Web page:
For motorsport fans, and IndyCar in particular, May has always been the best month of the year.
For 100 years, the Indianapolis 500 has been the pinnacle of not only American motor racing but also a race any open wheel pilot wants on his or her CV.
Until 2014, May was dedicated to getting ready for the big one on the Memorial Day weekend. Now May kicks off with the IndyCar Grand Prix, which is two weeks out from the big one, the Indy 500 on May 26.
New Zealander and five-time IndyCar champion (also 2008 Indy 500 winner) Scott Dixon heads to his home race relatively happy with his season so far, having earned points in all four races this season and finished on the podium three times.
"The racing season is going pretty decent," Dixon told the Weekend Herald from Indianapolis. "There's been a couple of missed opportunities as always, but other than that, it's a smooth start to the year.
"I feel this time of year, we struggle a bit more with strategy and stuff. We sometimes find ourselves digging ourselves out of a bit of a hole. We're third in the points and could have finished on the podium in all four races if we hadn't been caught out by the yellow.
"The car speed-wise has been good and we're the only car to make the fast six at each race. It has been decent and been good."
Josef Newgarden leads the series on 166 points from Alexander Rossi on 138 and Dixon third on 133. Although it's early days in the championship, it's shaping up to be another close title race, with four different winners from four starts.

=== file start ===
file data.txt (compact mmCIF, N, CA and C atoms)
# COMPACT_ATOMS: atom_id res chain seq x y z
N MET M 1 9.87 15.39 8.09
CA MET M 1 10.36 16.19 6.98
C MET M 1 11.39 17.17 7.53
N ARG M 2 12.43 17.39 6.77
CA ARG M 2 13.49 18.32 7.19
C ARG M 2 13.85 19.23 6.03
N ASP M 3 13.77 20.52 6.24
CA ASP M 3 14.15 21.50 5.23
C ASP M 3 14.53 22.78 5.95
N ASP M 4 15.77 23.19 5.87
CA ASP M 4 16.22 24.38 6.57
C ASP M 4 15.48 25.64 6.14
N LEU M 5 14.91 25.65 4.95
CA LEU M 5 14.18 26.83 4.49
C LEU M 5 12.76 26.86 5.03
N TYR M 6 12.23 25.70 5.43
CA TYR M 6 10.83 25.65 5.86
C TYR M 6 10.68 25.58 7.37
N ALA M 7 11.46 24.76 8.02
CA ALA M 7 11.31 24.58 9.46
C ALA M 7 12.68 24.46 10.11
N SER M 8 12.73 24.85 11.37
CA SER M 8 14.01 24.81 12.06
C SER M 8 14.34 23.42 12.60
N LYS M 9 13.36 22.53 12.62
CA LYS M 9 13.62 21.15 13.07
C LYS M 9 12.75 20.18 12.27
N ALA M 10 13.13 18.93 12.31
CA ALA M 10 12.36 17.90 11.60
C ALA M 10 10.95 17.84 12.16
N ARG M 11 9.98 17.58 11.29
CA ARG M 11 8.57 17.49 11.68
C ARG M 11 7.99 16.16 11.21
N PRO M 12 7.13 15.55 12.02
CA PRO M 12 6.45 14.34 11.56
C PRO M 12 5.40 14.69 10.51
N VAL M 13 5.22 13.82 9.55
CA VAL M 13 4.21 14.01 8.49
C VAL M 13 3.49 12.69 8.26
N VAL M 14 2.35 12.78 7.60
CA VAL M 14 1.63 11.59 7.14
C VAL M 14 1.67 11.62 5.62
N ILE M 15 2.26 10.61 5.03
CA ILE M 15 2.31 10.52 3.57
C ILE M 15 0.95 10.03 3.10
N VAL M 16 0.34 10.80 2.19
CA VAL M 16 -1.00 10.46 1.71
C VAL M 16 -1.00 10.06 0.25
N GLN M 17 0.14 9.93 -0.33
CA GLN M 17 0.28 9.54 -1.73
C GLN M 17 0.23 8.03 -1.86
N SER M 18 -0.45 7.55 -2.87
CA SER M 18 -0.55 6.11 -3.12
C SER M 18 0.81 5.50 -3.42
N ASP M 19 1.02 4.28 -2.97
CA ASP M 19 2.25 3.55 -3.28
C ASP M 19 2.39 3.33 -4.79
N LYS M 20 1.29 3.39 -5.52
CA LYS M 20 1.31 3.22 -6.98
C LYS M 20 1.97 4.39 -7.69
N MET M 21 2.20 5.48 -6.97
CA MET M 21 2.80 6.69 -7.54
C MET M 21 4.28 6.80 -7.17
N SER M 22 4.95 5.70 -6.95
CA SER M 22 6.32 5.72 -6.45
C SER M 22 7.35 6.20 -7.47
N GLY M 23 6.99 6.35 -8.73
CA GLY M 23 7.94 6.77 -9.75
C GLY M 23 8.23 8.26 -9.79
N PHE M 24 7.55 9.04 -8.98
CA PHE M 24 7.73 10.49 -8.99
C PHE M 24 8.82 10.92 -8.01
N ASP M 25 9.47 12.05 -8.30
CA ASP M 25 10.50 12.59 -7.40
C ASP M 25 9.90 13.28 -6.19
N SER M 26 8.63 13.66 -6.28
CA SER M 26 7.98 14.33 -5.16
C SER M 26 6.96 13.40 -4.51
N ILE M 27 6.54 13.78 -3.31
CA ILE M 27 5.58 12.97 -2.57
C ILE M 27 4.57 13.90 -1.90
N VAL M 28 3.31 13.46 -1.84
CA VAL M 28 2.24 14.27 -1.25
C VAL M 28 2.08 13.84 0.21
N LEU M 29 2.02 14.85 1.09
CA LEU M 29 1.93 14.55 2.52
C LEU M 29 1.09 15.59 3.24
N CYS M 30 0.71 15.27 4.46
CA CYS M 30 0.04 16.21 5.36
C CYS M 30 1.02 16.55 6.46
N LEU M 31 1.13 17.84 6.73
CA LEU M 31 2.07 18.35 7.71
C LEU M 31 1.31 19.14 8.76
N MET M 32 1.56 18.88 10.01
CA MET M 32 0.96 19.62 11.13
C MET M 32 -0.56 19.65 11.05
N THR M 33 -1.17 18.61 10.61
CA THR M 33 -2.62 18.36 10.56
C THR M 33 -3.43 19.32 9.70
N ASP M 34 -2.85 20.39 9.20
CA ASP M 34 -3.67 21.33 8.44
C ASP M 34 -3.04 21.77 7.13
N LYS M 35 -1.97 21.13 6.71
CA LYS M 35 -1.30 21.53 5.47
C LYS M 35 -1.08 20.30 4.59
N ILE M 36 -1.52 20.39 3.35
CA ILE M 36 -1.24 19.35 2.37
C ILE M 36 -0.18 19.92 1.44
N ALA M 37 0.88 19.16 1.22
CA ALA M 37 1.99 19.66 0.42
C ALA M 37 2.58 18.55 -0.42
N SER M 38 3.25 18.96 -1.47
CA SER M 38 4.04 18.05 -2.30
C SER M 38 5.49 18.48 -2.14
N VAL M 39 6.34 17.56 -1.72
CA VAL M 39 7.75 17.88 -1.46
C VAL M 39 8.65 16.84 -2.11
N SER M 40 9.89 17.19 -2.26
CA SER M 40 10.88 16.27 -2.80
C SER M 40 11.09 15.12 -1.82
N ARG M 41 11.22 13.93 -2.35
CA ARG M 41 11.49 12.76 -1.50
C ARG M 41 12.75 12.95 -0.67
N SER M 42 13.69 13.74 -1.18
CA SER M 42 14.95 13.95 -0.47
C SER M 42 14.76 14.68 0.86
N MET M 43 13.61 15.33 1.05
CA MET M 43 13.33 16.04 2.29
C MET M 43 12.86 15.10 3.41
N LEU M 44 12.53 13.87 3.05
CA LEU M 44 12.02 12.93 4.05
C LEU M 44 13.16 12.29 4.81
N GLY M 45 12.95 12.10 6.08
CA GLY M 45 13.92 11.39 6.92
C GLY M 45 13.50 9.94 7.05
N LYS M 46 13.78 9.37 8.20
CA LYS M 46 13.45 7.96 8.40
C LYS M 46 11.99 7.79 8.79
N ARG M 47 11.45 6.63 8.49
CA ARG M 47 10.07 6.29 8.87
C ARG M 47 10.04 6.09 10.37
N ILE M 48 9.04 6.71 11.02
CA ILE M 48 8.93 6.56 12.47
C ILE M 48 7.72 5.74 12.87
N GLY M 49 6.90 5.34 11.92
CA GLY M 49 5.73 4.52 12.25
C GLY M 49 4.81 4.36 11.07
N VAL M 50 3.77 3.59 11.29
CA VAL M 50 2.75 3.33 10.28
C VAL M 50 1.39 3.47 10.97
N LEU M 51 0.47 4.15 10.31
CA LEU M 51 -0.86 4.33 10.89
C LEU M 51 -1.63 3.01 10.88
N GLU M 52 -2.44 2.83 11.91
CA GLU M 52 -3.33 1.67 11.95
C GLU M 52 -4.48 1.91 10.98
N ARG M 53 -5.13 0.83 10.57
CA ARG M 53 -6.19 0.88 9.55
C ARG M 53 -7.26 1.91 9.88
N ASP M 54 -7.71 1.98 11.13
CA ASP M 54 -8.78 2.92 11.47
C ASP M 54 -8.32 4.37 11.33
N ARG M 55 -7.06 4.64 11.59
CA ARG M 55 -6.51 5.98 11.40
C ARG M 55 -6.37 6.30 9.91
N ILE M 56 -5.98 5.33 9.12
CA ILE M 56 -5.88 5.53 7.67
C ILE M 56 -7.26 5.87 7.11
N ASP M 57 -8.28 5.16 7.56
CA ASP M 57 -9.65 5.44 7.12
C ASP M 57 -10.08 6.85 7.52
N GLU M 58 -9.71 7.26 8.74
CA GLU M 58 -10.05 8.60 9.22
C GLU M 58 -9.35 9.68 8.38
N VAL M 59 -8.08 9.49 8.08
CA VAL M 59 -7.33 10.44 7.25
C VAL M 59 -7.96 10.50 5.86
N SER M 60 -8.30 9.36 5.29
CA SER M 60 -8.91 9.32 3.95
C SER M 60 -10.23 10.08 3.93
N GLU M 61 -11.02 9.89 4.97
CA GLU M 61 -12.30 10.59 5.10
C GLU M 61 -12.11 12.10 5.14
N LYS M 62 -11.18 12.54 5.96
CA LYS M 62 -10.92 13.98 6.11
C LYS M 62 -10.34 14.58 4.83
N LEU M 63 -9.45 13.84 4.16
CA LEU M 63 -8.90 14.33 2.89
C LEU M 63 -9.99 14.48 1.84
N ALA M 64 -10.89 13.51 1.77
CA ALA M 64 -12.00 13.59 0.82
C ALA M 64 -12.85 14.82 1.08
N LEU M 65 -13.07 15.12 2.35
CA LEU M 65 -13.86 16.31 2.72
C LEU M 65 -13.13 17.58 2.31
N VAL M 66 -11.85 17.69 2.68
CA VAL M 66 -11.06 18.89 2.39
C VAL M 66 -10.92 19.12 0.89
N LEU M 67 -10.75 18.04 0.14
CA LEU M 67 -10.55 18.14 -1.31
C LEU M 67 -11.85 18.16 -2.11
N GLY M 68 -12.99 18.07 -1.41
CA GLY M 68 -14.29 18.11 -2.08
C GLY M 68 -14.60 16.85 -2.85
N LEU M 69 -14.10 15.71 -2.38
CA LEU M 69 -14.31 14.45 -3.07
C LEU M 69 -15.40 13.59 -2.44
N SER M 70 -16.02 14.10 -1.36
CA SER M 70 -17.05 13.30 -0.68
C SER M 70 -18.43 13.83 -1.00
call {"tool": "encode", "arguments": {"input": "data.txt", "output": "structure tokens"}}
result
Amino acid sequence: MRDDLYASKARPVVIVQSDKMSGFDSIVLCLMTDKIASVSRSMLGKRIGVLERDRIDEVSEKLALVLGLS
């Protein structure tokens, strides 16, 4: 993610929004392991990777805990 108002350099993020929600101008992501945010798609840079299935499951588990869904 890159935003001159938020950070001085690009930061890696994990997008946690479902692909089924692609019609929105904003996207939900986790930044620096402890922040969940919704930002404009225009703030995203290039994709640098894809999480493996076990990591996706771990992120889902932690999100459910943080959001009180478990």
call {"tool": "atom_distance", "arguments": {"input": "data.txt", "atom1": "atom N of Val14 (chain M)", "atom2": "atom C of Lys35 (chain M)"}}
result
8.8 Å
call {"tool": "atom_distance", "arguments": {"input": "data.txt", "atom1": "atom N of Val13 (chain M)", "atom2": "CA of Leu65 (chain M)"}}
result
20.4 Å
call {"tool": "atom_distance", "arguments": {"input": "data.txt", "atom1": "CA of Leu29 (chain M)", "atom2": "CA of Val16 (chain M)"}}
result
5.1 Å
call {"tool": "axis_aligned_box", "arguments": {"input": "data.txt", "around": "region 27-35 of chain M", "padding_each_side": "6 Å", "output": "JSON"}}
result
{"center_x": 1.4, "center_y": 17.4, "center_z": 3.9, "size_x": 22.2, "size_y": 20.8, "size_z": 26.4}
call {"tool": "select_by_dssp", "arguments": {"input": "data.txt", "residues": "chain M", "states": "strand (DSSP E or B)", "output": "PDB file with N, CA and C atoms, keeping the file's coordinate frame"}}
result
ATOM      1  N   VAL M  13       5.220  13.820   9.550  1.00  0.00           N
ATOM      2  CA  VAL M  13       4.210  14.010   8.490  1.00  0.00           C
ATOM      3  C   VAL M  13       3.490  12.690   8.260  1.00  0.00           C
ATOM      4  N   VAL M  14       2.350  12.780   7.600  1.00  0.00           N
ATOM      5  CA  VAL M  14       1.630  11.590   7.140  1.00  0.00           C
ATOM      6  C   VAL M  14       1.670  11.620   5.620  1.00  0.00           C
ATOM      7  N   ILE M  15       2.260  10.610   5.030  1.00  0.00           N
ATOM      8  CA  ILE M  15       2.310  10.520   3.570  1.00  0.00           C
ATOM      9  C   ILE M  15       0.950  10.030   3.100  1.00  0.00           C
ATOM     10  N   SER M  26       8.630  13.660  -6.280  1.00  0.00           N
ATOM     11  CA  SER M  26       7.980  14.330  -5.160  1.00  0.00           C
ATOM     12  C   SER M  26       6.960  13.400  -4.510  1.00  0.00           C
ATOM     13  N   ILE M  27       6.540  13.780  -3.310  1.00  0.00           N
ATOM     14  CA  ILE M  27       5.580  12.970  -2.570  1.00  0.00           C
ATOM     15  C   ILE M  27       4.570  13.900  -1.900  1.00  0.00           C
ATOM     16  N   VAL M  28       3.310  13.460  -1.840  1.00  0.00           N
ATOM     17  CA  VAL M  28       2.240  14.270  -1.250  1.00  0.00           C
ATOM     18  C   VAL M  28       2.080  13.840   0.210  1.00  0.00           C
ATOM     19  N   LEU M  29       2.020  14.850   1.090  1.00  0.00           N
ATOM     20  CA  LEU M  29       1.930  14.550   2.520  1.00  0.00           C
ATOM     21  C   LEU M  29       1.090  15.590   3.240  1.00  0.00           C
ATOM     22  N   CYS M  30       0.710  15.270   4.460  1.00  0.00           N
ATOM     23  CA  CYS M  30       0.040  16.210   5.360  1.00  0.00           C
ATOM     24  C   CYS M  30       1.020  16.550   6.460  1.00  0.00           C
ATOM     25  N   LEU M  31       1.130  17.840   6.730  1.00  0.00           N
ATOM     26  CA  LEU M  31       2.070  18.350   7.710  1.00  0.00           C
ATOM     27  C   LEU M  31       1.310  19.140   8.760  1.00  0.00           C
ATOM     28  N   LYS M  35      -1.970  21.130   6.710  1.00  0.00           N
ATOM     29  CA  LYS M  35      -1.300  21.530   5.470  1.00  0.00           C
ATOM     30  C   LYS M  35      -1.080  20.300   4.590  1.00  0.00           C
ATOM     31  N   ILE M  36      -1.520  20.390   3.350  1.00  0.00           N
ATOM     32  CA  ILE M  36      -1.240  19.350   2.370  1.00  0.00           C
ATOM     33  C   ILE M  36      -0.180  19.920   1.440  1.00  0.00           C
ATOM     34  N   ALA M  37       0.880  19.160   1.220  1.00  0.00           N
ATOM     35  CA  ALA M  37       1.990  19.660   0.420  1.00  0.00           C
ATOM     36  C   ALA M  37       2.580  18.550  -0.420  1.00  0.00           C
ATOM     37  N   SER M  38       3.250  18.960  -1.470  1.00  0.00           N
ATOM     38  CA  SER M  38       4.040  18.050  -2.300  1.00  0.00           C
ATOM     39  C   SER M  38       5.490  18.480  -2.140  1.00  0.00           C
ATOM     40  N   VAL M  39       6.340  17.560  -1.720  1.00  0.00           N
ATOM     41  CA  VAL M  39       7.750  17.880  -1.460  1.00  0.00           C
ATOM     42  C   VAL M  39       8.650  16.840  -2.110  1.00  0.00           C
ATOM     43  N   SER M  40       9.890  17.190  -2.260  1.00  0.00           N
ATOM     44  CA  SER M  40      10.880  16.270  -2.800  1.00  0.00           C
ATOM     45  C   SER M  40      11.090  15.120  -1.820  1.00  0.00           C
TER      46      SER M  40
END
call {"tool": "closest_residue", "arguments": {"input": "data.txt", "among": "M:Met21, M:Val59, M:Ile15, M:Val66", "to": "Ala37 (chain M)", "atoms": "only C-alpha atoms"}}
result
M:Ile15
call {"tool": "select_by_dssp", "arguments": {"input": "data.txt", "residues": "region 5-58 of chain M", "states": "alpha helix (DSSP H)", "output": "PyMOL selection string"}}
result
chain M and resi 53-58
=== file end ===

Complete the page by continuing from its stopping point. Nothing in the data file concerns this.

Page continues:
Unlike Formula One, and now Supercars to a certain extent, IndyCar is by no means a two-horse race, and any one of 12 drivers from at least four teams is capable of nabbing a win.
"Josef has been quick this year and they have been a bit lucky with caution and good strategy. Rossi has also been quick and was a little unlucky at COTA [Circuit Of The Americas].
"There have been different winners and Colin [Herta] has been good but a little unlucky. Three or four of us have now started to pull away a bit from the rest of the field, but there's not much in it.
"I don't know what's happening with F1, and Baku was a bit of a snorer, and that's normally their best race. After the first two corners, that's about it for the race. They are definitely struggling with the aero and passing.
"The V8 Supercars are not much better and their racing is a bit predictable," he said.
Just because this weekend's event is at the Indianapolis Motor Speedway, it doesn't mean the teams will get any extra practice, or data, for "The Greatest Spectacle in Racing".
This weekend's race is not held on the famous banked oval, rather the old-school traditional race track primarily set in the infield.
The track is a modified layout of the circuit previously used for the United States Formula One Grand Prix, and later, a round of the MotoGP championship.
"The road course only uses two small bits of the oval track — you hit it at Turn 11 and 14 only now. There's no help for the 500, as you run in a different direction, and the cars are so different for the two races.
"The Indy 500 car is a specially-built car as far as body kits are concerned, with low drag items and different gearboxes. Some of the smaller teams may use the same car for both events, but even then, probably not."
Teams take the Sunday off, get set up on Monday and then it's testing on Tuesday for the big one.